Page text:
34 [Legamen ad versionem Latinam]But if the eyes are dim from old age or other weakness, it is good to anoint with best honey, cyprus oil, and old olive oil. The most suitable unguent, however, is made of balsam one part, and old olive or cyprus oil two parts, and three parts of the sharpest honey. Here too those applications are suitable which were noted just above  p223 for dim vision and previously for thinning43 scars. bIf anyone finds his eyes becoming dim he must walk and exercise a great deal; also bathe frequently, and in the bath he is to be rubbed all over, especially, however, on his head, with iris unguent, until he sweats; and he should then be wrapped up, and not uncover, until after reaching home the sweating and heat have passed off. Then he should take acrid foods which will make him thin and some days afterwards gargle with mustard.

35 [Legamen ad versionem Latinam]Cataract44 also, which the Greeks call hypochysis, sometimes interferes with the vision of the eye. When it has become long established it is to be treated surgically. In its earliest stages it may be dispersed occasionally by certain measures: it is useful to let blood from the forehead or nostrils, to cauterize the temporal blood vessels, to bring out phlegm by gargling, to inhale smoke, to anoint the eyes with acrid medicaments. That regimen is best which makes phlegm thin.

36 [Legamen ad versionem Latinam]Again, even the relaxation of the eyes which the Greeks call paralysis45 is not to be treated by any different regimen or by any different medicaments. It is sufficient to explain just the kind of lesion it is. It happens then sometimes in the case of one eye, sometimes of both, from some blow, or from epilepsy, or from a spasm, by which the eyeball itself is violently shaken, that it cannot be directed at any object, or be held at all steady, but with no reason it turns now this way, now that, and so does not even afford a view of objects.

 p225  37 [Legamen ad versionem Latinam]The malady the Greeks call mydriasis46 is not very different from the above. The pupil spreads out and is dilated, and its vision becomes dimmed and almost lost. This kind of weakness is most difficult to relieve. Both of these paralysis and mydriasis are to be countered by all the same prescriptions as mistiness of the eyes, but with a few alterations such as the addition sometimes of vinegar, sometimes of soda, to the iris unguent for the head; while honey is sufficient for the eye inunctions. bIn the case of mydriasis, some patients have been relieved by the use of hot water, some without any obvious cause have suddenly become blind. Some of these after seeing nothing for some time have suddenly regained vision following a profuse stool. Hence it seems not inappropriate, whether in a recent case or in one of some standing, by the use of medicaments to force stools in order to drive downwards all noxious matter.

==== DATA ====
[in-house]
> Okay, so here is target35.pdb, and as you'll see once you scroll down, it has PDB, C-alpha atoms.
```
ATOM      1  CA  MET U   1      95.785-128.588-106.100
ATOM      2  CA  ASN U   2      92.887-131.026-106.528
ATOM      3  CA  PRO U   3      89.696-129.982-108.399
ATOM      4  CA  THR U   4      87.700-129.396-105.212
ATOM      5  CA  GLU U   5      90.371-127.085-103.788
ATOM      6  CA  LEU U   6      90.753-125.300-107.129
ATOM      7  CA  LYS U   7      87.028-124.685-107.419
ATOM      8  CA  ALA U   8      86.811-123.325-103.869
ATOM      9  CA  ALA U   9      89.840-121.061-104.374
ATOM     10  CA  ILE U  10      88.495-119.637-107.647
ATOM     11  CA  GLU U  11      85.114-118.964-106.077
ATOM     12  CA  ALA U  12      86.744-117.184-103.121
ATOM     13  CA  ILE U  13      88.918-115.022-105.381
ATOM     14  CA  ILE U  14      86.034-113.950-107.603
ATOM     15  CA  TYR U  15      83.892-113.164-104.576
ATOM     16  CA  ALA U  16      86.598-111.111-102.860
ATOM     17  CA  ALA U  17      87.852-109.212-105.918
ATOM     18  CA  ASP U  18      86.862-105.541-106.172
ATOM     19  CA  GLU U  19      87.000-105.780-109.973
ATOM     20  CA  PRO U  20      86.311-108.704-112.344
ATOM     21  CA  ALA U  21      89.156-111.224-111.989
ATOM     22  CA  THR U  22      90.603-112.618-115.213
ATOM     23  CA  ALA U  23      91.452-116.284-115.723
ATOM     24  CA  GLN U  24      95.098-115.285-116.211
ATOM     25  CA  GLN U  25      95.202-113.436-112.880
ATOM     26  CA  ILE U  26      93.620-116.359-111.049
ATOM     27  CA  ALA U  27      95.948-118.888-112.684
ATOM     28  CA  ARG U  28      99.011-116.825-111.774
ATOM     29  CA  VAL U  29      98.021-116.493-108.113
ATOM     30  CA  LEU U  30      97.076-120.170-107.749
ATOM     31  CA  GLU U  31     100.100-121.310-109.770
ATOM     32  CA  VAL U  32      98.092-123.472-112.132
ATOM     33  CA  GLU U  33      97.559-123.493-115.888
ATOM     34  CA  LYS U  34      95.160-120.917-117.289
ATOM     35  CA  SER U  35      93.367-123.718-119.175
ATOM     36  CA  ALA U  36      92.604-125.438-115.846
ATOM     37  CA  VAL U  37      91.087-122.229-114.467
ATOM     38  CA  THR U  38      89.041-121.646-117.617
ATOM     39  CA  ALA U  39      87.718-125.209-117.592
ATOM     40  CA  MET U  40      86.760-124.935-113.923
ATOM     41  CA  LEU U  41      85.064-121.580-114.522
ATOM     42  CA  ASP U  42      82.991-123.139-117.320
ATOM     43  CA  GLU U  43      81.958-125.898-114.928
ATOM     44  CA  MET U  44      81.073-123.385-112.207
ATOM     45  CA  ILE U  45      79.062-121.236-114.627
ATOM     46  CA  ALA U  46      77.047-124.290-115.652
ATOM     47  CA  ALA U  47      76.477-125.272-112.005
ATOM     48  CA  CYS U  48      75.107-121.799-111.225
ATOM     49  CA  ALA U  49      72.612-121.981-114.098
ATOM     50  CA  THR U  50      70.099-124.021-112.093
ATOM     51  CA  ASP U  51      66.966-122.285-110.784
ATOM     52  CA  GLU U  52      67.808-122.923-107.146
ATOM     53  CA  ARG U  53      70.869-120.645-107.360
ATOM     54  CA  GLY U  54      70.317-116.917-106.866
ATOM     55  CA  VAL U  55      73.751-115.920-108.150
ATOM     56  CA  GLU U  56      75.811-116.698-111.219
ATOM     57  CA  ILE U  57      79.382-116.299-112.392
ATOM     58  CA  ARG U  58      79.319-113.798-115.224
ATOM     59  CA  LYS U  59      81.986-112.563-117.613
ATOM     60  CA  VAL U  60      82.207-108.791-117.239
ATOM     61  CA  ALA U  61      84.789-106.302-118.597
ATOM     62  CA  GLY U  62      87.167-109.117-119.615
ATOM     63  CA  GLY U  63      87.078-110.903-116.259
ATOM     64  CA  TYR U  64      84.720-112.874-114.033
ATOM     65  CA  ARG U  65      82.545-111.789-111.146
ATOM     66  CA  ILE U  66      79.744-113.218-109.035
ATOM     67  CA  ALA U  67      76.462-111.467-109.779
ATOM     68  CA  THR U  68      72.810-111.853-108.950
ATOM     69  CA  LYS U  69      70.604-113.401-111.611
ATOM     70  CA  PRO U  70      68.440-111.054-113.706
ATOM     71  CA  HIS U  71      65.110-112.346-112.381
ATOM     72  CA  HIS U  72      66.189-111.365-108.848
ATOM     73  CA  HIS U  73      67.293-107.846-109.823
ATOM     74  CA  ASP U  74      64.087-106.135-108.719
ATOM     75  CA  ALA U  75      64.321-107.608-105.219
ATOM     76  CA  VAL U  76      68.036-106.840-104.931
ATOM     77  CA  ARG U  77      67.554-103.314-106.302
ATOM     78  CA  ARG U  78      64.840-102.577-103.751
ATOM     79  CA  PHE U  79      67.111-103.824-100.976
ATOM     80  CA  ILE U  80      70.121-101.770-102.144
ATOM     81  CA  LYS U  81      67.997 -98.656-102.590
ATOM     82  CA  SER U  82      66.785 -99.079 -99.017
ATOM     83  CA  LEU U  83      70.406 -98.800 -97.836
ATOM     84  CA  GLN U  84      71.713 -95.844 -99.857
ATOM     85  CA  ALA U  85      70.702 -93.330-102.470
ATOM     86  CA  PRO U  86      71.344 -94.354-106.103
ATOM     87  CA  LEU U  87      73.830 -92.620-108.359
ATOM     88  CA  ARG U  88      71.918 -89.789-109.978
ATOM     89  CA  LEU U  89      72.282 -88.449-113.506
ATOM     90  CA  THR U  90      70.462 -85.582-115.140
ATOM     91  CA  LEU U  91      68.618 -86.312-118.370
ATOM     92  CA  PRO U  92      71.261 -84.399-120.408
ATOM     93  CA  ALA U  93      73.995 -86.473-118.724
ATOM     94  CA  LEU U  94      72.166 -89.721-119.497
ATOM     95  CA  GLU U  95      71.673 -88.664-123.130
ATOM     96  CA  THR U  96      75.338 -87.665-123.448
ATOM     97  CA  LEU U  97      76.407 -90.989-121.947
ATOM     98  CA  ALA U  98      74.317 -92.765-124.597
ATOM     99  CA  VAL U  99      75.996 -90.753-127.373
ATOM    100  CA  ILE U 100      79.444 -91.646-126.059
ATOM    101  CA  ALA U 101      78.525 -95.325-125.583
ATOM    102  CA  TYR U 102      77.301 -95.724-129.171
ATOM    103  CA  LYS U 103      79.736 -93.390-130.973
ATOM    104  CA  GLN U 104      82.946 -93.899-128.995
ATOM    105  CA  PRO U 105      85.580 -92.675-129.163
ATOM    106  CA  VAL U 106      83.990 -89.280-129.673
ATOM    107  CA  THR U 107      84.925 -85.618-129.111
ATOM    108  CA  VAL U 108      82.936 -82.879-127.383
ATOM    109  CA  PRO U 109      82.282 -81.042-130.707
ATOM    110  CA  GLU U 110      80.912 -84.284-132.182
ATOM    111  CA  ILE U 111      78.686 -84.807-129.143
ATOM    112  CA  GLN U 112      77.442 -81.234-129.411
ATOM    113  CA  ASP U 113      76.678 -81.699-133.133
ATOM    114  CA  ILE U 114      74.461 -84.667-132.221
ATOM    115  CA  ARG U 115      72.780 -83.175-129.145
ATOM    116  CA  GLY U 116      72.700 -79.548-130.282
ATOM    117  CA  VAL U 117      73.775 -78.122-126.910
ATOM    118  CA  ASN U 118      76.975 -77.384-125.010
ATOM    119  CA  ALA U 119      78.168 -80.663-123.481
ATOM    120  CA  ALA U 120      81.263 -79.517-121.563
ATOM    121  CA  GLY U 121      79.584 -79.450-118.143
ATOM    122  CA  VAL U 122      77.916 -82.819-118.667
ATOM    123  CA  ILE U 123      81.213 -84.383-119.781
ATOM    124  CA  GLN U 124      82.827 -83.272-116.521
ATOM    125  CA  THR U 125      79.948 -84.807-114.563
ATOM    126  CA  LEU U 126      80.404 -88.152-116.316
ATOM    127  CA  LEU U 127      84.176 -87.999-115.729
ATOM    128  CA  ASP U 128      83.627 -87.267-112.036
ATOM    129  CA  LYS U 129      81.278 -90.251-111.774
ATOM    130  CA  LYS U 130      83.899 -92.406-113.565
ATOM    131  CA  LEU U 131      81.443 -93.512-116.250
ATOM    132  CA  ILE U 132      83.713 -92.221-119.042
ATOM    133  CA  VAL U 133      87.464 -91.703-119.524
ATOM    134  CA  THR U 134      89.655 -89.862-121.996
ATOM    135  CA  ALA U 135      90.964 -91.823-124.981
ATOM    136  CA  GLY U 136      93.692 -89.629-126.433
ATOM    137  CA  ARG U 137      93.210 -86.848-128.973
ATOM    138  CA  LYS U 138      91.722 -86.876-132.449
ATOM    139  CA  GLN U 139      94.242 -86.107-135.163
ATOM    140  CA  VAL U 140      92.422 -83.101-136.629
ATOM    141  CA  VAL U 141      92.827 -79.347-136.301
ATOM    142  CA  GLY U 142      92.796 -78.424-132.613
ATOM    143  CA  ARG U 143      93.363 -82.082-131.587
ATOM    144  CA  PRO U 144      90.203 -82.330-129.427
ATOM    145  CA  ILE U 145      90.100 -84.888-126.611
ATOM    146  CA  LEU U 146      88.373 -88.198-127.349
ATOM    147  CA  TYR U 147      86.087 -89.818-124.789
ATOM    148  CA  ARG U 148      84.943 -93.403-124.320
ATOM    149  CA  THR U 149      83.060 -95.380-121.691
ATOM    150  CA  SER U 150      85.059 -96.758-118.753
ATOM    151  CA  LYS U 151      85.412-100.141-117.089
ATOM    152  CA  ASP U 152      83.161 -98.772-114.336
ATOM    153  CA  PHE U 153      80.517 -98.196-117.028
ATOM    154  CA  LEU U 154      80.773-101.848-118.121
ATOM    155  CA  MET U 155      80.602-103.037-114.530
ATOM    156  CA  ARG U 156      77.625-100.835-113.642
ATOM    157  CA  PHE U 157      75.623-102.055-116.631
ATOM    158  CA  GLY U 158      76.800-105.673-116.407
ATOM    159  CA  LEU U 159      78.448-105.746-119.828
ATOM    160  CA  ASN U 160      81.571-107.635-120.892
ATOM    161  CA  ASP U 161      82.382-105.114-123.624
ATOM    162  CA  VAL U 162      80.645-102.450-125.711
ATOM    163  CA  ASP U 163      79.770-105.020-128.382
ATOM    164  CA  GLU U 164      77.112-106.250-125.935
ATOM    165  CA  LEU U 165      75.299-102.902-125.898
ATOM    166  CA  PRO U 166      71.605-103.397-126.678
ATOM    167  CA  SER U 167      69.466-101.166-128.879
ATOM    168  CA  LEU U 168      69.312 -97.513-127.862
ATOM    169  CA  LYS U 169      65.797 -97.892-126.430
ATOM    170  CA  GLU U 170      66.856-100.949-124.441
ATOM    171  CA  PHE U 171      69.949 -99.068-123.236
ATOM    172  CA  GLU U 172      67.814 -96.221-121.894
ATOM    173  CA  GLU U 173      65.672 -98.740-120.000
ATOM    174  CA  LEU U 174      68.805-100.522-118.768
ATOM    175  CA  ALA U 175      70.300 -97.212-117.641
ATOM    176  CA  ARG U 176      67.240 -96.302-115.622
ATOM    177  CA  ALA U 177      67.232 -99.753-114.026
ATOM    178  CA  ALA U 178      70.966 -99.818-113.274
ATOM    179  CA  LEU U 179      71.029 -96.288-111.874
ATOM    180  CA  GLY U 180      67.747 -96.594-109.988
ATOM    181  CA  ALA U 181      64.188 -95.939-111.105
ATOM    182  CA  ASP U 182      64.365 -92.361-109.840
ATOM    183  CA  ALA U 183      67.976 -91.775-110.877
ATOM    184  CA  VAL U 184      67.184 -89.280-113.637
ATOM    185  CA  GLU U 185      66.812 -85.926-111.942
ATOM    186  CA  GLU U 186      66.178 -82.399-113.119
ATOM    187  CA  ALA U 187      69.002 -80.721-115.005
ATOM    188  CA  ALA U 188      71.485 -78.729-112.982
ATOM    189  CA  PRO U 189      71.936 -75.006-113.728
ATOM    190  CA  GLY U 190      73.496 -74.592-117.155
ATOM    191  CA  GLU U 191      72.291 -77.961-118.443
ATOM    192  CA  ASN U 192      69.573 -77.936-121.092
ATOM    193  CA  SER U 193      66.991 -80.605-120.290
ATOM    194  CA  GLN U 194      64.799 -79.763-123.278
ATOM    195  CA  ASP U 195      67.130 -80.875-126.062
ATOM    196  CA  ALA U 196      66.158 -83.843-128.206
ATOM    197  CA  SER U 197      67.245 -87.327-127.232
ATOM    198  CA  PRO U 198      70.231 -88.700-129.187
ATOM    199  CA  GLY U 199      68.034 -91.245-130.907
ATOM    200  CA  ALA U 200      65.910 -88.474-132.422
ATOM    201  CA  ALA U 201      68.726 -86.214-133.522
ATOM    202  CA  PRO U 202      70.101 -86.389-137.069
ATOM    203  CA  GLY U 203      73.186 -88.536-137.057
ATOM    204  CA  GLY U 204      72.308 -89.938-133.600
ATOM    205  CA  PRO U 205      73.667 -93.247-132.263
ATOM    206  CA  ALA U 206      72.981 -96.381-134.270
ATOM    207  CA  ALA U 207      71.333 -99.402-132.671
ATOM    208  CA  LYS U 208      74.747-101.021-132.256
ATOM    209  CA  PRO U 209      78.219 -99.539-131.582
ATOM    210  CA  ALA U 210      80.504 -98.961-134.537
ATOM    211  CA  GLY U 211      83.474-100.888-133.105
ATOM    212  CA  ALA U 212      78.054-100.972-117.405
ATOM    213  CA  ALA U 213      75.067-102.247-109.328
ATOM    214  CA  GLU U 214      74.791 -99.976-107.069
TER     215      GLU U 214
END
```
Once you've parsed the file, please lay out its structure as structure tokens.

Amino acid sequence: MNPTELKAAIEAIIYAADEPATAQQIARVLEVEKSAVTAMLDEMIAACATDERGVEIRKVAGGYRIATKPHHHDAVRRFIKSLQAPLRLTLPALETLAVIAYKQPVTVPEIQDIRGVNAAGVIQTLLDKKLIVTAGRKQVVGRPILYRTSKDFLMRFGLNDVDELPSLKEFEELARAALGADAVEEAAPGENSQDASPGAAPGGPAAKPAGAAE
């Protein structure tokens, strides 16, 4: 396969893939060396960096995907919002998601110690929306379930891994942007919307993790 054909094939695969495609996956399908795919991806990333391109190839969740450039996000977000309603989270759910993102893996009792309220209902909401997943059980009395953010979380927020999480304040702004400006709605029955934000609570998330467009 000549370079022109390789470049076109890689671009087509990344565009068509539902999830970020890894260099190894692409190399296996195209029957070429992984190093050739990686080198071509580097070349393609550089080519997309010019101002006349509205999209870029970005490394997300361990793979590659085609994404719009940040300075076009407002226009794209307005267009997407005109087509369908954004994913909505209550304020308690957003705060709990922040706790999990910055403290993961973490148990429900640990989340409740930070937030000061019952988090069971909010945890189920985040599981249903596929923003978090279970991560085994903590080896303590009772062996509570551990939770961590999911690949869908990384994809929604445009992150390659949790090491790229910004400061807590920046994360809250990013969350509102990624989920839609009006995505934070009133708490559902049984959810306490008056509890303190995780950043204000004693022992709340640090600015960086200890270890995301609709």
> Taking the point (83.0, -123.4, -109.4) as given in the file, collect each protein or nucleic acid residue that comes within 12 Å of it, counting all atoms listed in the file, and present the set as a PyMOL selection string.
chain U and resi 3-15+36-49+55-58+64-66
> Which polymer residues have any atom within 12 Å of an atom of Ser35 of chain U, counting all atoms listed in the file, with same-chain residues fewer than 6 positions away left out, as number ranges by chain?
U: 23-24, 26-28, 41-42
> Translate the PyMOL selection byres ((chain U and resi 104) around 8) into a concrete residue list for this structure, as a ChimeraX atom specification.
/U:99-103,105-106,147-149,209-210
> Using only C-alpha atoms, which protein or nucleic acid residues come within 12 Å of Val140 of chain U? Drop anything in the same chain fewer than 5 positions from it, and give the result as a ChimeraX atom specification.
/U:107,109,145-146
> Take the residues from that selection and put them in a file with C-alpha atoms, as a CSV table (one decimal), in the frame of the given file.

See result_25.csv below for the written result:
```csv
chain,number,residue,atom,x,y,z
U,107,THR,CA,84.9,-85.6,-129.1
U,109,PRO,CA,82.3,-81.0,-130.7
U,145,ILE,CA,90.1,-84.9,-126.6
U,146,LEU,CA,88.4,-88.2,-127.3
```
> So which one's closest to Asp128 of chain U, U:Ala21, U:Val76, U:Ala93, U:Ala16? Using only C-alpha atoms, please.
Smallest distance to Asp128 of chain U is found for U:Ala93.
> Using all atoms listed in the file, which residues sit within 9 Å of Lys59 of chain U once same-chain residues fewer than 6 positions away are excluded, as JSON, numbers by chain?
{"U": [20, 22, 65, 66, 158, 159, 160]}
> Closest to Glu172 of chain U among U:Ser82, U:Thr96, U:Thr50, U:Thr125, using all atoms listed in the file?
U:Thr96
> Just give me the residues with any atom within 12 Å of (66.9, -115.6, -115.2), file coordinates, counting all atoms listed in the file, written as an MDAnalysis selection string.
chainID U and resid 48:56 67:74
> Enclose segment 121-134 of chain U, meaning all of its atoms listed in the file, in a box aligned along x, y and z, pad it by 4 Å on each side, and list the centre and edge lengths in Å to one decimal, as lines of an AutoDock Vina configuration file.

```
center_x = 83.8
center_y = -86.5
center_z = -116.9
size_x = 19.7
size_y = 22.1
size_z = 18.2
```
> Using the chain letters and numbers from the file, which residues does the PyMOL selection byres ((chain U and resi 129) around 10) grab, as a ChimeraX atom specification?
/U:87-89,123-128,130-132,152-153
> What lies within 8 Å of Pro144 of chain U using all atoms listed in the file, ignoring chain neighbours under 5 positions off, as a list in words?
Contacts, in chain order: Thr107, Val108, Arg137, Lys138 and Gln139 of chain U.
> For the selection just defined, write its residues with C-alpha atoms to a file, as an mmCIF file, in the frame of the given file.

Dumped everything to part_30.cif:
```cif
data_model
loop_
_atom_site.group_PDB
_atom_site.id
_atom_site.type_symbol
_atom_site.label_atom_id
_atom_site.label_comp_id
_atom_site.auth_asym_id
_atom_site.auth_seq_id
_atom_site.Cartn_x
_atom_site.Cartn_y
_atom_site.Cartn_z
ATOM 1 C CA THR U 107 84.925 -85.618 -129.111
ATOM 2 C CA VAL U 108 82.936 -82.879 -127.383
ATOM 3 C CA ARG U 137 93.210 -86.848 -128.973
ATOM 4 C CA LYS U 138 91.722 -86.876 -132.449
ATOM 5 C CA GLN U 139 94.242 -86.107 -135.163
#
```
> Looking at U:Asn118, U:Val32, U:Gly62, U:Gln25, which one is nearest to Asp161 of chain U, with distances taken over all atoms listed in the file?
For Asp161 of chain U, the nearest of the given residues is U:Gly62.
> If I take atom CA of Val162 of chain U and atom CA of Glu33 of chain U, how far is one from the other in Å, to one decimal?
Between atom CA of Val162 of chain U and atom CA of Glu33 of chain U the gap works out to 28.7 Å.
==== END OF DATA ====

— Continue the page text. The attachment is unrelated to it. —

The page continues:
38 [Legamen ad versionem Latinam]There is besides a weakness of the eyes, owing to which people see well enough indeed in the daytime but not at all at night;47 in women whose menstruation is regular this does not happen. But success sufferers should anoint their eyeballs with the stuff dripping from a liver whilst roasting, preferably of a he-goat, or failing that of a she-goat; and as well they should eat some of the liver itself. But, we may also use with advantage the same remedies which dry up scars and trachoma. Some add honey to pounded purslane seed until the mixture no longer drops from the end of a probe, and with it anoint the  p227 eyeballs. The same exercises, baths, rubbings, and gargles are also to be used for these patients.

39 [Legamen ad versionem Latinam]All the foregoing disorders arise within the body; but a blow from without at times so inures the eye that it is suffused with blood. Nothing is then better than to anoint the eyeball with the blood of a pigeon, dove, or swallow. There is some reason for this, because the vision of these birds, when injured from without, returns after an interval to its original state, most speedily in the case of the swallow. bThis also has given rise to the fable that the old birds restore the vision by a herb,48 when it really returns spontaneously. Hence the blood of these birds most properly protects our eyes too after an external injury, and in the following order: swallows' blood is best, next that of the pigeon, and the dove's is the least efficacious, both as regards the birds themselves and us. In order to relieve inflammation, it is not unfitting to apply a poultice over the injured eye. cThe best salt from Ammon, or some other salt, is pounded, and oil gradually added until it is of the consistency of strigil scrapings. Then this is mixed with barley-meal which has been boiled in honey wine. But it is easy, after looking through all that medical practitioners have written, for anyone to see that there is scarcely any one of the eye disorders among those included above which it may not be possible to clear up by simple and readily procured remedies.